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'Mnangagwa almost there'

by Staff reporter
18 May 2017 at 07:33hrs | Views
Former Finance minister Tendai Biti may have unwittingly poured fuel into the raging fires of the ruling Zanu-PF's deadly tribal, factional and succession wars — after he observed that Vice President Emmerson Mnangagwa is close to succeeding President Robert Mugabe.

This comes after Biti, who now leads the opposition People's Democratic Party (PDP), wrote in a contribution to an online magazine — The Gravitas — that Mnangagwa was well-positioned to succeed Mugabe, after successfully projecting himself both as a tough and capable politician.

"The one-self evident conclusion is that in the short-term, Zanu-PF cannot be dislodged. That its control of the patronage economy and the new social base is absolute.

"That despite its fractures, the opposition, even in a grand coalition, cannot dislodge Zanu-PF. That a post-Mugabe candidate must be found who is, first of all, strong — but with an acceptable veneer of reform capacity.

"Inevitably, this self-serving proselytising leads to destination (Emmerson) Mnangagwa," Biti said in his contribution.

"With the bulk of those who have controlled it (Zim) for the last four decades being in their mid 70s, it is a State in transition. That transition is ideological, demographic, technological and sociological. It is that transition that needs to be captured.

"The real challenge of democrats is not in the event of 2018, but the capture of the ongoing transition ... the transition must be captured to ensure it is not derailed by shareholders of the status quo. It must be captured to buy peace.

"It must be captured to create a soft landing for our country and in the process, deny the merchants of violence who want a civil war or a coup d'état in this lovely country we are privileged to call home," Biti added, while urging the opposition to coalesce and work to stop Mnangagwa from becoming the country's next leader.

By saying this, Biti becomes the latest high profile figure to suggest that Mnangagwa is getting closer to winning Zanu-PF's ugly succession war.

In January, United Kingdom-based politics expert, Stephen Chan, said Mnangagwa was steaming ahead in the nasty Zanu-PF race to succeed Mugabe.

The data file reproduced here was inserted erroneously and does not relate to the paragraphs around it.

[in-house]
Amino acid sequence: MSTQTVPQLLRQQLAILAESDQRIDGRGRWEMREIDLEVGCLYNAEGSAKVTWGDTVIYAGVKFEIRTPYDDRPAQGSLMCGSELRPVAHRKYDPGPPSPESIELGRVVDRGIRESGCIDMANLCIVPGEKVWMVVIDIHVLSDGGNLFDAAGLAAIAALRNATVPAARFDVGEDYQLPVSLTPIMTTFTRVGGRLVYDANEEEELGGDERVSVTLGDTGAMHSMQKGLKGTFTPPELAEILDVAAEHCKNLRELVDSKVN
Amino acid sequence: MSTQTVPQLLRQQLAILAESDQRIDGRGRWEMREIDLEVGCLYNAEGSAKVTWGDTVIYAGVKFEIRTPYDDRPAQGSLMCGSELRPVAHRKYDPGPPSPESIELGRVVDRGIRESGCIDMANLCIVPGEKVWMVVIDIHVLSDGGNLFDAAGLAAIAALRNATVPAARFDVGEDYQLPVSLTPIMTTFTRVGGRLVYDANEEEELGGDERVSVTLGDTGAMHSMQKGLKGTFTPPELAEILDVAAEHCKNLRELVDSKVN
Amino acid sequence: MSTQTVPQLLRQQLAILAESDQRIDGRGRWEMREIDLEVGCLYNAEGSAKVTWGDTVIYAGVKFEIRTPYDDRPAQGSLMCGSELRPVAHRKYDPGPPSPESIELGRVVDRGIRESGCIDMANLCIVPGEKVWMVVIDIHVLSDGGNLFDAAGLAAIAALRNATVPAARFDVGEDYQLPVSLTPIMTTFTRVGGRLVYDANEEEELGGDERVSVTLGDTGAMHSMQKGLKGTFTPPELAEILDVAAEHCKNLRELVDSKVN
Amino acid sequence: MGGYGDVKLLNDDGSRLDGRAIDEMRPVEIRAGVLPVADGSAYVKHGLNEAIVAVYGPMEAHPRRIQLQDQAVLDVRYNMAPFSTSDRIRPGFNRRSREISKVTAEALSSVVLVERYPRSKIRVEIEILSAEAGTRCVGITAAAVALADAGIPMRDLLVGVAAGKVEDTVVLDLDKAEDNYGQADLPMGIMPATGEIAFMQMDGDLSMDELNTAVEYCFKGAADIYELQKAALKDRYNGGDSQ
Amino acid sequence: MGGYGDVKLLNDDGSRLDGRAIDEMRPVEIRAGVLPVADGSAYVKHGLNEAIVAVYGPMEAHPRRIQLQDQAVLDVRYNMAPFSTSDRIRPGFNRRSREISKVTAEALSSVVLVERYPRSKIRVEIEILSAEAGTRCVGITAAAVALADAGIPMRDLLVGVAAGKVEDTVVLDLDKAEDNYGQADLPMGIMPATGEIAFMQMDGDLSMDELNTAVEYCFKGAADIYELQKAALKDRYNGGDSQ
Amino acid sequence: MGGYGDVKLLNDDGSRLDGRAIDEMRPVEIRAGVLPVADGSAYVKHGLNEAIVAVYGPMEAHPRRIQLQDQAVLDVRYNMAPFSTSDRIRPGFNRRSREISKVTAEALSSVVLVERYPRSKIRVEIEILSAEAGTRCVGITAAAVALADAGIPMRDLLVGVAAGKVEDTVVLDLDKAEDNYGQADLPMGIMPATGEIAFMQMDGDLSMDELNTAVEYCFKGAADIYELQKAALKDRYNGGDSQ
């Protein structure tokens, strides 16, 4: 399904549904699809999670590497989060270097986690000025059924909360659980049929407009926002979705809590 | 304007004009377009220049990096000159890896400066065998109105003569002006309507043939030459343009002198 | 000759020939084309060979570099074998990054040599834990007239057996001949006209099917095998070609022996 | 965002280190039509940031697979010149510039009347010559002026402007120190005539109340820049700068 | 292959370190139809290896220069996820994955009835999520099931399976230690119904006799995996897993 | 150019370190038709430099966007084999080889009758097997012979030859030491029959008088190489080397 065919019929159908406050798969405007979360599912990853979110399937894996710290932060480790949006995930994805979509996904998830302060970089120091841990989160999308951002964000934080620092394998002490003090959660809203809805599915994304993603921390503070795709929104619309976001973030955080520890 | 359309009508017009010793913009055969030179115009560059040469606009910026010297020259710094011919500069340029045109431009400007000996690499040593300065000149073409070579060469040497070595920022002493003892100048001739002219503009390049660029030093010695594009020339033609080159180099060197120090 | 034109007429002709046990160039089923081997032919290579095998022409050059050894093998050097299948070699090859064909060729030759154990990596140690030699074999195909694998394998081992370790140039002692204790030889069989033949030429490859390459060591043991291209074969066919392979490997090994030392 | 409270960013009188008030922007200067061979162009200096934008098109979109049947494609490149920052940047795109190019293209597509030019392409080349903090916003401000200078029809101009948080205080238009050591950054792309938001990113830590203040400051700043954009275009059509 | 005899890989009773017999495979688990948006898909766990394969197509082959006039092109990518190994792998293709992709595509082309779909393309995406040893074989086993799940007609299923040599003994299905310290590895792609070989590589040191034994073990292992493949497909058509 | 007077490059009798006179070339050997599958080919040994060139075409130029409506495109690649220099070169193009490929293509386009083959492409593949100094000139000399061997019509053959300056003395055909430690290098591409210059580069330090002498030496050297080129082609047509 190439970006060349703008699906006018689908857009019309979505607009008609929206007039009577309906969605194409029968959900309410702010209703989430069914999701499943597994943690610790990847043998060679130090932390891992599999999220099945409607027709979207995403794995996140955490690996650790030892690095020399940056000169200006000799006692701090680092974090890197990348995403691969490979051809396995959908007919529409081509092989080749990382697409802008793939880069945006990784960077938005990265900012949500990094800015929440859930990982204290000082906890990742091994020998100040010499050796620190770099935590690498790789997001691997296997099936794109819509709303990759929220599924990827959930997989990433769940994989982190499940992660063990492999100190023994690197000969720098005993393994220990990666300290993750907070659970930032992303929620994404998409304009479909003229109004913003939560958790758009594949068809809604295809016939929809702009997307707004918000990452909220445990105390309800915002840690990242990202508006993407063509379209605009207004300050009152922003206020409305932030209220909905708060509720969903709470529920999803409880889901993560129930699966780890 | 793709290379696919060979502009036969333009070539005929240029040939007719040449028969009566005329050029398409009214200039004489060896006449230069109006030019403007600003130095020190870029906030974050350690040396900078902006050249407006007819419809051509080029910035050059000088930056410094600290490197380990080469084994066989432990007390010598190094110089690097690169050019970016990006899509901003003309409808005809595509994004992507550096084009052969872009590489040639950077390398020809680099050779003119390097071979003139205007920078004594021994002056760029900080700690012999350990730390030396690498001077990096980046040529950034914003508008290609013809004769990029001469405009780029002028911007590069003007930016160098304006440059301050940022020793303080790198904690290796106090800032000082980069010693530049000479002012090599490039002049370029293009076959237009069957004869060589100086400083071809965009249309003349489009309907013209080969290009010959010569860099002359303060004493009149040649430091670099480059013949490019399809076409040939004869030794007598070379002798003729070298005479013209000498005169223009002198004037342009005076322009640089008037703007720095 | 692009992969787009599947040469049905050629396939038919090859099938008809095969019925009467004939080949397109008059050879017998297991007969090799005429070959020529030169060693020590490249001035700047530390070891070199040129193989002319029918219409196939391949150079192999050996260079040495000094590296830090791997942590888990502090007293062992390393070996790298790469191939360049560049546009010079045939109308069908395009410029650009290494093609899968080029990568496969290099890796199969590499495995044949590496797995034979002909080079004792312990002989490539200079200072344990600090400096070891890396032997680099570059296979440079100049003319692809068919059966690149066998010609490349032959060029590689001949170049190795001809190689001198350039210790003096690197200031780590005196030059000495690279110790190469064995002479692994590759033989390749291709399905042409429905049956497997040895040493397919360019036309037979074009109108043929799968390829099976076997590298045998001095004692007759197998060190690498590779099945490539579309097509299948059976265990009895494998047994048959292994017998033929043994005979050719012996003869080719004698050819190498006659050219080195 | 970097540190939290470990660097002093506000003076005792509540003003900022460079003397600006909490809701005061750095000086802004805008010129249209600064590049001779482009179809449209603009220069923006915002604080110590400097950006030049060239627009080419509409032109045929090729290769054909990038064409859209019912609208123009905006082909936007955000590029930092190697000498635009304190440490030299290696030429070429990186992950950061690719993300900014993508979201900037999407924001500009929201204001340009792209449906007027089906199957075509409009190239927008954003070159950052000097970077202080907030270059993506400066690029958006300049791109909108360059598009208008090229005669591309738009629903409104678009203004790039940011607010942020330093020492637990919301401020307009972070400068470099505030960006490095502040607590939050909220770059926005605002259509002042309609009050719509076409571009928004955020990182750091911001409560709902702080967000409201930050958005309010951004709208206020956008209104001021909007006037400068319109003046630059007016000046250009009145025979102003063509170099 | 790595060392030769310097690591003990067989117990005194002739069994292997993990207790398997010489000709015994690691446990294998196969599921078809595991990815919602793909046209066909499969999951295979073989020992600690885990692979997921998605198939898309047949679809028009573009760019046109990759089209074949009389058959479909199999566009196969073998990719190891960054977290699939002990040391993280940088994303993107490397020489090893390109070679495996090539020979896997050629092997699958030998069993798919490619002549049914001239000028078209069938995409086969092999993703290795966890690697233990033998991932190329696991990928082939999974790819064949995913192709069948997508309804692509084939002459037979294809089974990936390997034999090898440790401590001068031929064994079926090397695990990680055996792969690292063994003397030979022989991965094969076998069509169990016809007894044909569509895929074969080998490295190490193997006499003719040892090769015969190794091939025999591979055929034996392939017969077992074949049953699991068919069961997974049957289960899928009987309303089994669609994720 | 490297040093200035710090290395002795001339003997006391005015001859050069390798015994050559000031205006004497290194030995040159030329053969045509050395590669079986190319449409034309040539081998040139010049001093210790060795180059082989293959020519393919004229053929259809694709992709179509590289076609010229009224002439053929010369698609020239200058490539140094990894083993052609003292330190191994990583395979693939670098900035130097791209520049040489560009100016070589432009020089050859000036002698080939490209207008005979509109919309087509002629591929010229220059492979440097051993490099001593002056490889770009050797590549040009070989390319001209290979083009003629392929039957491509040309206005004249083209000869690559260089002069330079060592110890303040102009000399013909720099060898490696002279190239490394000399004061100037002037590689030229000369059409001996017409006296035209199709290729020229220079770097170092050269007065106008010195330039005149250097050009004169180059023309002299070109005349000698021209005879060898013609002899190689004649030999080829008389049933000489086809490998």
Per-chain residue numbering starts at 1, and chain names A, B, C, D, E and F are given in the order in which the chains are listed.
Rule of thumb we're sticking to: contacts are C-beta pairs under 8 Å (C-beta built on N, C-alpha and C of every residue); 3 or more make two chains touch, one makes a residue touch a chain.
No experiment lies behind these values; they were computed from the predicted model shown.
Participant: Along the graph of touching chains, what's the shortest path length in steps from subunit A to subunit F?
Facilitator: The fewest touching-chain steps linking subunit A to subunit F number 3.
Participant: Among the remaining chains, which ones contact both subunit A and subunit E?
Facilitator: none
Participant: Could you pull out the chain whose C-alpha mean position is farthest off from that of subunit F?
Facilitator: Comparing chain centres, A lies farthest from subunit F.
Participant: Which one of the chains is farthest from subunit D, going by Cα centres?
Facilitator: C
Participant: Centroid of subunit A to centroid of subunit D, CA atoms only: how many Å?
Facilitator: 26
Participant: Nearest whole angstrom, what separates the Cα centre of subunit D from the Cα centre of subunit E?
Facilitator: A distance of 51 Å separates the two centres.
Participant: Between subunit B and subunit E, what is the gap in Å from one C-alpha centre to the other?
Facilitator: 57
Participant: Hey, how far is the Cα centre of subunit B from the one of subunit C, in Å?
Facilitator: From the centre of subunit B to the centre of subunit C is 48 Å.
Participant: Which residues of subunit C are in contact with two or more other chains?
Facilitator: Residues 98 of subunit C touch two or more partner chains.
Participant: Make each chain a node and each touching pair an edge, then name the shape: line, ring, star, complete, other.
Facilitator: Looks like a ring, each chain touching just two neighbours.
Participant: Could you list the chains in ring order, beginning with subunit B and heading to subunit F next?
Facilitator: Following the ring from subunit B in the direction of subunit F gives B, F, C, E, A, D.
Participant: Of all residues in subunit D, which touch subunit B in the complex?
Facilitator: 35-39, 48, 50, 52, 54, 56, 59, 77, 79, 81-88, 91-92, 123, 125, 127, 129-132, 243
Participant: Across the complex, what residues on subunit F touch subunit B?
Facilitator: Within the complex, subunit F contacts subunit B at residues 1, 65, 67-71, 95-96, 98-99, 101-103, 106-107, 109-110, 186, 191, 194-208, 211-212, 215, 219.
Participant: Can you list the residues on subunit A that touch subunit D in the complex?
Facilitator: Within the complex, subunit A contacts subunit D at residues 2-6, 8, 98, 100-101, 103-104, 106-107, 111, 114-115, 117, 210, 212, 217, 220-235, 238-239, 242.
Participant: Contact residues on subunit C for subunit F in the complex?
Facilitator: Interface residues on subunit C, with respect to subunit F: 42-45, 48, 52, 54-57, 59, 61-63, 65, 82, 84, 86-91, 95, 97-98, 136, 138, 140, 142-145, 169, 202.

The professor of international relations at the University of London's School of Oriental and African Studies told the Daily News then that Mnangagwa was charging ahead because the Zanu-PF camp which is rabidly opposed to him succeeding Mugabe, the Generation 40 (G40) faction, had no candidate within its ranks to rival him.

The G40s, and Mnangagwa's allies, Team Lacoste, have been fighting hammer and tongs over the past two years, over who will succeed Mugabe, who turned a mature 93 years old last February.

Chan said because Mnangagwa was currently in pole position in the ruling party's succession war, he was naturally attracting significant international attention.

"As long as those who oppose Mnangagwa cannot identify and rally around a candidate, he will be the one who attracts international attention.

"All major players, from the Europeans to the Chinese, have dossiers on Mnangagwa, and outline strategies on how to approach dealing with him.

"This is impossible when it comes to the opposing faction (G40). In international terms, therefore, Mnangagwa is ahead by default," Chan told the Daily News then.

In December, a respected British magazine, New Statesman, also portrayed Mnangagwa as a firm favourite to succeed Mugabe.

It also argued that a Mnangagwa presidency could extricate the country from its current economic rot — going on to highlight his profile rather glowingly.

"He (Mnangagwa) is sharp, organised and business-savvy, more pragmatic and less ideological than Mugabe. And, unlike the president (Mugabe), he understands the urgent need for reform, if only so that he can pay the security forces and fill the trough at which his Zanu-PF comrades guzzle," the New Statesman said.

Former Cabinet minister David Coltart also told the same magazine that Mnangagwa had a better understanding of the economy than most of his Zanu-PF colleagues, including Mugabe.

"For all his historical problems he (Mnangagwa) understands the running of the economy better than Mugabe, better than most Zanu-PF politicians," he was quoted saying.

Mnangagwa and Team Lacoste, are involved in a fierce tussle for supremacy in the warring ruling Zanu-PF with the G40 — which is strongly opposed to the his mooted presidential ambitions.

Zanu-PF insiders also say the Midlands godfather appears to have weathered the G40's relentless assaults on him and his backers — claiming further that the party's ever-fluid factional and succession politics are changing gear again, and that there is now an ongoing realignment of alliances within the deeply divided party — as Team Lacoste cranks up its own attacks on the G40.

The G40 has has also for some time now been described as being "at sixes and sevens", following the pressure that has been brought to bear on its leading national figures.

Observers have also consistently said Mugabe's failure to resolve Zanu-PF's thorny succession riddle is fuelling the ruling party's deadly infighting, which is worsening by the day.

The 93-year-old has studiously refused to name a successor, insisting that the party's congress has that mandate: to choose a person of their own choice.

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Source - Newsday
More on: #Mnangagwa, #G40, #Mugabe

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